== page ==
Taking Back Sunday's Adam Lazzara breaks down the band's chameleonic discography

Taking Back Sunday's Adam Lazzara breaks down the band's chameleonic discography

American rock, and formerly emo, band Taking Back Sunday will return to Singapore this weekend as part of its 20th anniversary tour and the excitement is building up. Over the course of two decades and seven studio albums, the band has experimented with a multitude of different genres while maintaining a fiercely loyal fanbase. The soundtrack of a generation, Taking Back Sunday's music invokes the glory days of emo, post-hardcore, pop punk and other various genres, while still sounding like themselves. 

Bandwagon spoke to frontman Adam Lazzara (pictured, second from the right) ahead of the band's upcoming 20th anniversary show in Singapore. We got Lazzara to break down the band's powerful discography (well, most of it) with us. Check out the complete interview below. 

Tell All Your Friends (2002)

When working on a debut album, everyone always tries to put out the best music they can — we assume it was no different for you. How did you decide which songs were good enough for the album, and which had to be cut?


To be honest what you hear on Tell All Your Friends was all the songs we had at the time with the exception of 'Your Own Disaster', which for whatever reason at the time, just didn't feel like it fit with the rest of the album.

What’s your fondest memory from making the album?

The whole experience was a wonderful one for me. It was a dream to be in a professional studio making an album and that was exactly what we were doing. It was very surreal at the time.

Where You Want to Be (2004)

The album debuted at number 3 on the Billboard 200 chart, which is insane. What ran through your mind when you first heard the news?

We couldn't believe it. I remember we were on the Warped Tour and thought for sure there had been a mistake.

The band was drawing in larger crowds at this point. Was performing live at this point intimidating?

Performing live at that time was where, I think, we were at our best. It's what we looked forward to the most so as the crowds grew I like to think we were also growing into playing for them. Trying to reach everyone in the room.

Louder Now (2006)

Following the success of Where You Want To Be, was there any pressure heading back into the studio. If so, how did the band deal with it?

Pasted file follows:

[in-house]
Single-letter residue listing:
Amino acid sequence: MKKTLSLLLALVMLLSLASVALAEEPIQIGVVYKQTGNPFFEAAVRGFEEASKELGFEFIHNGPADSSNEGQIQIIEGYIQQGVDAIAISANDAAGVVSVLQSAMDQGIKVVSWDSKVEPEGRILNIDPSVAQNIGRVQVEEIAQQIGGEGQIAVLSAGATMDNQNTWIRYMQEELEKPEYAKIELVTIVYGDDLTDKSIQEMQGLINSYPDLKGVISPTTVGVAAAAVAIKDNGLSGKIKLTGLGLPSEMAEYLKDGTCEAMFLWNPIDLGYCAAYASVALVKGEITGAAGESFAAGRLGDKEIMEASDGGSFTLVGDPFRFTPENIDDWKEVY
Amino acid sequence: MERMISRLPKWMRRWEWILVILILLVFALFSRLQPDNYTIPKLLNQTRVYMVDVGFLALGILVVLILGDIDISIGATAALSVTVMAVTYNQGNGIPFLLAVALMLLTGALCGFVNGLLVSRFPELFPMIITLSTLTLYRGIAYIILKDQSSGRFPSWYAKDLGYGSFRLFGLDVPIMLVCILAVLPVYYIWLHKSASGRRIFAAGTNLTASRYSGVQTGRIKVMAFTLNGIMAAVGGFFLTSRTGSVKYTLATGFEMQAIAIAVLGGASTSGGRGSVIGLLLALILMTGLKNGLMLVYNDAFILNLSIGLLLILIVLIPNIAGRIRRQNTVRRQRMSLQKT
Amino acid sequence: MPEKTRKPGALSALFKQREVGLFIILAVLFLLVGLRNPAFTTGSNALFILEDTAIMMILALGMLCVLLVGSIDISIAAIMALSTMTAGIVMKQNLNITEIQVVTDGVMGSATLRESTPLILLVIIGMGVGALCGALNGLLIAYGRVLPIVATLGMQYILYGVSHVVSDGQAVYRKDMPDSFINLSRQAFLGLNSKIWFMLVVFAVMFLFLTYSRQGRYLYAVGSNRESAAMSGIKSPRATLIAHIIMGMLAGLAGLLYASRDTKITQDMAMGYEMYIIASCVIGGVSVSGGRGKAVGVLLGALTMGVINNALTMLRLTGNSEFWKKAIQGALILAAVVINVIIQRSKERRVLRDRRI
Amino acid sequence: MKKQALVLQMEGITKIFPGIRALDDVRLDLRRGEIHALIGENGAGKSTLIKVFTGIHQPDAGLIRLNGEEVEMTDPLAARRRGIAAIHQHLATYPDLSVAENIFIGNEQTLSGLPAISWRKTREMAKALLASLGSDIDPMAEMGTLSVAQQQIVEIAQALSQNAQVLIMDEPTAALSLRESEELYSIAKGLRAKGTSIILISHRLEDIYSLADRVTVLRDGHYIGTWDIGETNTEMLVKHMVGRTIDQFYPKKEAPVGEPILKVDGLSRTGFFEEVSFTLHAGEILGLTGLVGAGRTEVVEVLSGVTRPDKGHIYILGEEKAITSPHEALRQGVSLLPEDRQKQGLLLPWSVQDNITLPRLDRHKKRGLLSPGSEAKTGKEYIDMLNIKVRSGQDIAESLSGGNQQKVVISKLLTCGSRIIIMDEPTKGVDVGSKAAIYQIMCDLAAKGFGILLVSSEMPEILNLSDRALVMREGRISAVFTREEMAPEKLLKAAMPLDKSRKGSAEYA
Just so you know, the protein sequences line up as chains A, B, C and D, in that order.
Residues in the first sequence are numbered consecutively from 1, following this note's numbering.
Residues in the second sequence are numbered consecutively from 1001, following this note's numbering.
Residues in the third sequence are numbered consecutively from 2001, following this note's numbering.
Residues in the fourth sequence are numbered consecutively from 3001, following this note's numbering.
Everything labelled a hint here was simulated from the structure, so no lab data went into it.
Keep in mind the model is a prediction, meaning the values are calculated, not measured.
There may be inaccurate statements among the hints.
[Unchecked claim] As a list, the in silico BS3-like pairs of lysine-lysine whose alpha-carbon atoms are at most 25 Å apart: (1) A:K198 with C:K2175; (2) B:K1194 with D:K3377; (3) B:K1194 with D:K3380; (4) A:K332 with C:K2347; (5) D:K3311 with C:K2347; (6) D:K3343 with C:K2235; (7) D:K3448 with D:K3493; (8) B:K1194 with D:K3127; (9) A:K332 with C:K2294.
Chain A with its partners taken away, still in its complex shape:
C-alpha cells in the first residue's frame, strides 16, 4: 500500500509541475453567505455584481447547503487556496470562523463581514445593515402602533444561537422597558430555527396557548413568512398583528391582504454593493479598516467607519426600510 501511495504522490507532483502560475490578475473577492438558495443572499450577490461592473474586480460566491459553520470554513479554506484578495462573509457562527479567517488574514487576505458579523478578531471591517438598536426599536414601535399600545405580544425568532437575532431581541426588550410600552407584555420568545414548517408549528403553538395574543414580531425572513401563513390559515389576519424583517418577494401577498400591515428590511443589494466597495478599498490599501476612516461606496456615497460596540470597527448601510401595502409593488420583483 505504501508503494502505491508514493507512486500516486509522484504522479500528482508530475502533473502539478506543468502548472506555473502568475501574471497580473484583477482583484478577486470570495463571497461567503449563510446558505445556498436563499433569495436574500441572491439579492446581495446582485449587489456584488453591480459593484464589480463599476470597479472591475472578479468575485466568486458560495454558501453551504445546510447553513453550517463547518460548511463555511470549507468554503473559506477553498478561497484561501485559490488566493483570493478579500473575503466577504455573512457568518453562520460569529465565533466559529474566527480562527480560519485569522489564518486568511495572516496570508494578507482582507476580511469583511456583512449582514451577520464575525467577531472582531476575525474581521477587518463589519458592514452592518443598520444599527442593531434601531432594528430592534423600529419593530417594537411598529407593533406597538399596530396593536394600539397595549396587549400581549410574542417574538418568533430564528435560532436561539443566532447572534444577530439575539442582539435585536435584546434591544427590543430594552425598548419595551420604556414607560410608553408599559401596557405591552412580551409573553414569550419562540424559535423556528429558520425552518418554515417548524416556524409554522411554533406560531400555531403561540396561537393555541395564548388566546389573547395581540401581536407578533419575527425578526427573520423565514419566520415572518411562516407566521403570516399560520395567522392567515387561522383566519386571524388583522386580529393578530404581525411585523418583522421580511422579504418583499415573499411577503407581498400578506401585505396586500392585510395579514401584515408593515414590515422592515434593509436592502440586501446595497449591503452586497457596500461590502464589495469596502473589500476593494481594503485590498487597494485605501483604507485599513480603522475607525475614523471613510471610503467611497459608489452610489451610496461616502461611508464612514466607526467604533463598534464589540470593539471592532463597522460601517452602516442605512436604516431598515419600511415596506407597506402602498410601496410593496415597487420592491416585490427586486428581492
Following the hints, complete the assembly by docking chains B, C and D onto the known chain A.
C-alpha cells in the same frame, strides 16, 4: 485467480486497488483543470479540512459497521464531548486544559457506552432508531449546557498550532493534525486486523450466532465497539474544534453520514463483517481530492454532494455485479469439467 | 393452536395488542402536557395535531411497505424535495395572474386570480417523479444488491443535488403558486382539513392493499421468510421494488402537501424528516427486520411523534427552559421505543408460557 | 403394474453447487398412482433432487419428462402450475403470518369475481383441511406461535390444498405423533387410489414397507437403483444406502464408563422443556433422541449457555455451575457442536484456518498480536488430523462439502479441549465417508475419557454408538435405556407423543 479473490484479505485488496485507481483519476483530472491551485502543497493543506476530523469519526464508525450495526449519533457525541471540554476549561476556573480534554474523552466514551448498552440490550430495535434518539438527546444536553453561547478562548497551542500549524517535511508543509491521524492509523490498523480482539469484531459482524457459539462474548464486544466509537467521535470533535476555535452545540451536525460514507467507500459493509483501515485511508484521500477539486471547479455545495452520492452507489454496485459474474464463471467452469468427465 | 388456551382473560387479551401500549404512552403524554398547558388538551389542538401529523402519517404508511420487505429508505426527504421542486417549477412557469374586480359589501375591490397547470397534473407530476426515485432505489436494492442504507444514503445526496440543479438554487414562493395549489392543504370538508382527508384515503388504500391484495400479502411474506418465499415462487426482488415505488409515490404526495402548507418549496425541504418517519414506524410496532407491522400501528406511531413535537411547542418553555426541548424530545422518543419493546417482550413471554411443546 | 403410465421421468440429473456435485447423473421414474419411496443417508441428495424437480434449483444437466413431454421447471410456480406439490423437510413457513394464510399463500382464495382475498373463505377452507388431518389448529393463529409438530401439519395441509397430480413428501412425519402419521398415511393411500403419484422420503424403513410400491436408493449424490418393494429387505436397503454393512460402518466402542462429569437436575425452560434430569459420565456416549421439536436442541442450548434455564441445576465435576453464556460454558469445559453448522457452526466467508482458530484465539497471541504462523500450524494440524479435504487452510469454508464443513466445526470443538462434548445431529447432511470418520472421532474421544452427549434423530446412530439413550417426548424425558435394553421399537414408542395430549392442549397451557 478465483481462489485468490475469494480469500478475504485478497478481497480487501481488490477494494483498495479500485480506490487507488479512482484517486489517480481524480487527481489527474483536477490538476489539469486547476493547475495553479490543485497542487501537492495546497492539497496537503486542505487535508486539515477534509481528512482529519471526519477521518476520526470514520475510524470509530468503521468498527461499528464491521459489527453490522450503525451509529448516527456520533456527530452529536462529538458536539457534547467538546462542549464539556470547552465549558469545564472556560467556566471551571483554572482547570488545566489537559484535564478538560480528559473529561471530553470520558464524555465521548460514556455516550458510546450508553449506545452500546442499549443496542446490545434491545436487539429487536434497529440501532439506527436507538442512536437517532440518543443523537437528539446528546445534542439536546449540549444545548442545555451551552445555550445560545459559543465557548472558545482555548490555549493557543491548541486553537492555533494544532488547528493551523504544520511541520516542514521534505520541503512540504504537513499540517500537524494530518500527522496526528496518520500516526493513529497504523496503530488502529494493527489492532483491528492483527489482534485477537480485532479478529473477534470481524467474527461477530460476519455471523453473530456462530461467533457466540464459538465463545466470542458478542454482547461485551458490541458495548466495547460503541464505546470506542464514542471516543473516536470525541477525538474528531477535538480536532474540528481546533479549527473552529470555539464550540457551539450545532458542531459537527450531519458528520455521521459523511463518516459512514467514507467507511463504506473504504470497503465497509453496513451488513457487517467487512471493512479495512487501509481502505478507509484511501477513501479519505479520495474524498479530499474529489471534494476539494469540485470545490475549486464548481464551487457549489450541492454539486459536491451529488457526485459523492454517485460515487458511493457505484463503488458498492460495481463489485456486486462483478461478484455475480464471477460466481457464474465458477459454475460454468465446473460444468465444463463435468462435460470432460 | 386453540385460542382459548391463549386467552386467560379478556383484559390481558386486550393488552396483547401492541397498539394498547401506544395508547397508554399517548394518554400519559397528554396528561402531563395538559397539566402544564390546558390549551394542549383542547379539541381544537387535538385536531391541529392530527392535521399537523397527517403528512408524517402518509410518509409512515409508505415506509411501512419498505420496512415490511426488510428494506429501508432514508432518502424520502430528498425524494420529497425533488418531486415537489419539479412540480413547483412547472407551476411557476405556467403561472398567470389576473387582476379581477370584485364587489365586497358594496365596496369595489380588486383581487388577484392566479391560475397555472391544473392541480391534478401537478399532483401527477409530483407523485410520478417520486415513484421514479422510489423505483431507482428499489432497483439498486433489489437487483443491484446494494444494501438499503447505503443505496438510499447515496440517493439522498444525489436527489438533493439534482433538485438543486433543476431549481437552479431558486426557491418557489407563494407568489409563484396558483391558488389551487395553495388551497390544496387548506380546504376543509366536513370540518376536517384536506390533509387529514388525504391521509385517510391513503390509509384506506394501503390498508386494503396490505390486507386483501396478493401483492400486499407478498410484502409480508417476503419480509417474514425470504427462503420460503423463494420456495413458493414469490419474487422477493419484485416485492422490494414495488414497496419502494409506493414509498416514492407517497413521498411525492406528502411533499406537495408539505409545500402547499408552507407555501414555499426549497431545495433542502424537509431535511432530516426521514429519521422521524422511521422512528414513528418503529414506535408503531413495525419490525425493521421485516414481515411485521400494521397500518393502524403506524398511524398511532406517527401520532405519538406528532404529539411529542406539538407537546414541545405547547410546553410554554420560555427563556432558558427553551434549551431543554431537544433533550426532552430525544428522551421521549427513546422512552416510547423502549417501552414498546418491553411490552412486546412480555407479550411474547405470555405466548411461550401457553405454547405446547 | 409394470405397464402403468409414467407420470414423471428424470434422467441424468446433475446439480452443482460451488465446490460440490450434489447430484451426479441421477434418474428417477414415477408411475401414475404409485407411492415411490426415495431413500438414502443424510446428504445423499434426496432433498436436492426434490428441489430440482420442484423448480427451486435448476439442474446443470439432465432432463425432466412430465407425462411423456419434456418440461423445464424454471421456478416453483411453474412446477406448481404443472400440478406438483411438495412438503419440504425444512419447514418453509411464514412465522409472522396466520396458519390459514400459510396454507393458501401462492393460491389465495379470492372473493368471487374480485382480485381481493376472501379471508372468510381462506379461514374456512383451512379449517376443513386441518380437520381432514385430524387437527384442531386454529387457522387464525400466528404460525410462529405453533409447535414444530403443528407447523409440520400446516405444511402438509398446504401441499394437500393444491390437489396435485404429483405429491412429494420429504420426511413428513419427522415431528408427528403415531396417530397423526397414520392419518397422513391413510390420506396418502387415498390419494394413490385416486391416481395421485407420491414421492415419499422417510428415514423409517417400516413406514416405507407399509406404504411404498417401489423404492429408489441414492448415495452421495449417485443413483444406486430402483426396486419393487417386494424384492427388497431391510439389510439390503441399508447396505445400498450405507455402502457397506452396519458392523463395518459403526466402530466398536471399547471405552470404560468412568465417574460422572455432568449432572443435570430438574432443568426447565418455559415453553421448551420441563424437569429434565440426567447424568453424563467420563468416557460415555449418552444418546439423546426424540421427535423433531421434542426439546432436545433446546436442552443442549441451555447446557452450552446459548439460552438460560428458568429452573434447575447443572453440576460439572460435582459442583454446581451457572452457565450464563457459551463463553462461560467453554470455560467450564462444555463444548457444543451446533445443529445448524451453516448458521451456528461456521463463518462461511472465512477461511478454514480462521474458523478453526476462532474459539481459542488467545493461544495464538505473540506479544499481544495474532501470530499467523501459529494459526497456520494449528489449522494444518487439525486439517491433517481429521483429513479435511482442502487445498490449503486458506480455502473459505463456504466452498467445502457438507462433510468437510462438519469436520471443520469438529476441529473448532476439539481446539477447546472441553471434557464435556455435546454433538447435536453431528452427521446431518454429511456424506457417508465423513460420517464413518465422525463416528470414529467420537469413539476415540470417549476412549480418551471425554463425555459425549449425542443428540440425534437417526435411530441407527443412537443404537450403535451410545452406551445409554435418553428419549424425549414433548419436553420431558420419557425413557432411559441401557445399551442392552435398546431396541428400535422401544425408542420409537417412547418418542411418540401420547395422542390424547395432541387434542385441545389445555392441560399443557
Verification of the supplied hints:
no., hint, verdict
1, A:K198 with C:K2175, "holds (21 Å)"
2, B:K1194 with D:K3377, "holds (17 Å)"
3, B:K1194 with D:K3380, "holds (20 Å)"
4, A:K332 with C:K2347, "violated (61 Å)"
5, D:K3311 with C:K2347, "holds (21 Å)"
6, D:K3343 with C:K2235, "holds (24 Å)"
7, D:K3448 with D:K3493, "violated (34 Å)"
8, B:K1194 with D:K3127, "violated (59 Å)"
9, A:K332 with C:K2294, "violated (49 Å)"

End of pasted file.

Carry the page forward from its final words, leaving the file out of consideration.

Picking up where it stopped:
We just put our heads down and focused on the songs. It was our first time recording with Eric Valentine and he was a great help in shutting out a lot of the outside noise.

Taking Back Sunday (2011)

John Nolan and Shaun Cooper re-joined the band in time to record the self-titled record. What was it like going back into the studio with them? Did things feel natural from the start, or was there a period of getting used to each other’s writing styles again?

When we were first talking about trying to write together again we had no idea if the chemistry was still going to be there or if it would even work at all. Those thoughts vanished once we got in the room together again and strapped on instruments. It was almost as if no time had passed at all. 

Happiness Is (2014)

Over a decade into the band’s career, Happiness Is debuted at the 10th spot on the Billboard Top 200 charts. How did it feel to be able to achieve that level of success after six records?

It felt incredible. ‘Happiness Is’ was a great example of the band really hitting its stride.

Tidal Wave (2016)

With Tidal Wave, the band fully committed to the sounds that it had experimented with on previous records. Did it seem like a natural move for the band, or was it a conscious effort?

It was natural for us. Basically, we all got into a room and threw out every idea we had been kicking around. Everything seemed to fall in to place from there. We wanted to make a record that we enjoyed first and foremost, and that was exactly what we did.

You’ll be performing in Singapore soon for your 20th anniversary. How does that feel?

It's a very special thing to all of us to be able to travel so far from home and find people that are much like ourselves. People that have let our music into their lives over the years. It's not something we take lightly or for granted so we can't wait for the show there in Singapore.

Taking Back Sunday is set to perform at The Pavillion @ Far East Square in Singapore on Saturday, 19 January 2019 from 8pm onwards. Tickets are available via SISTIC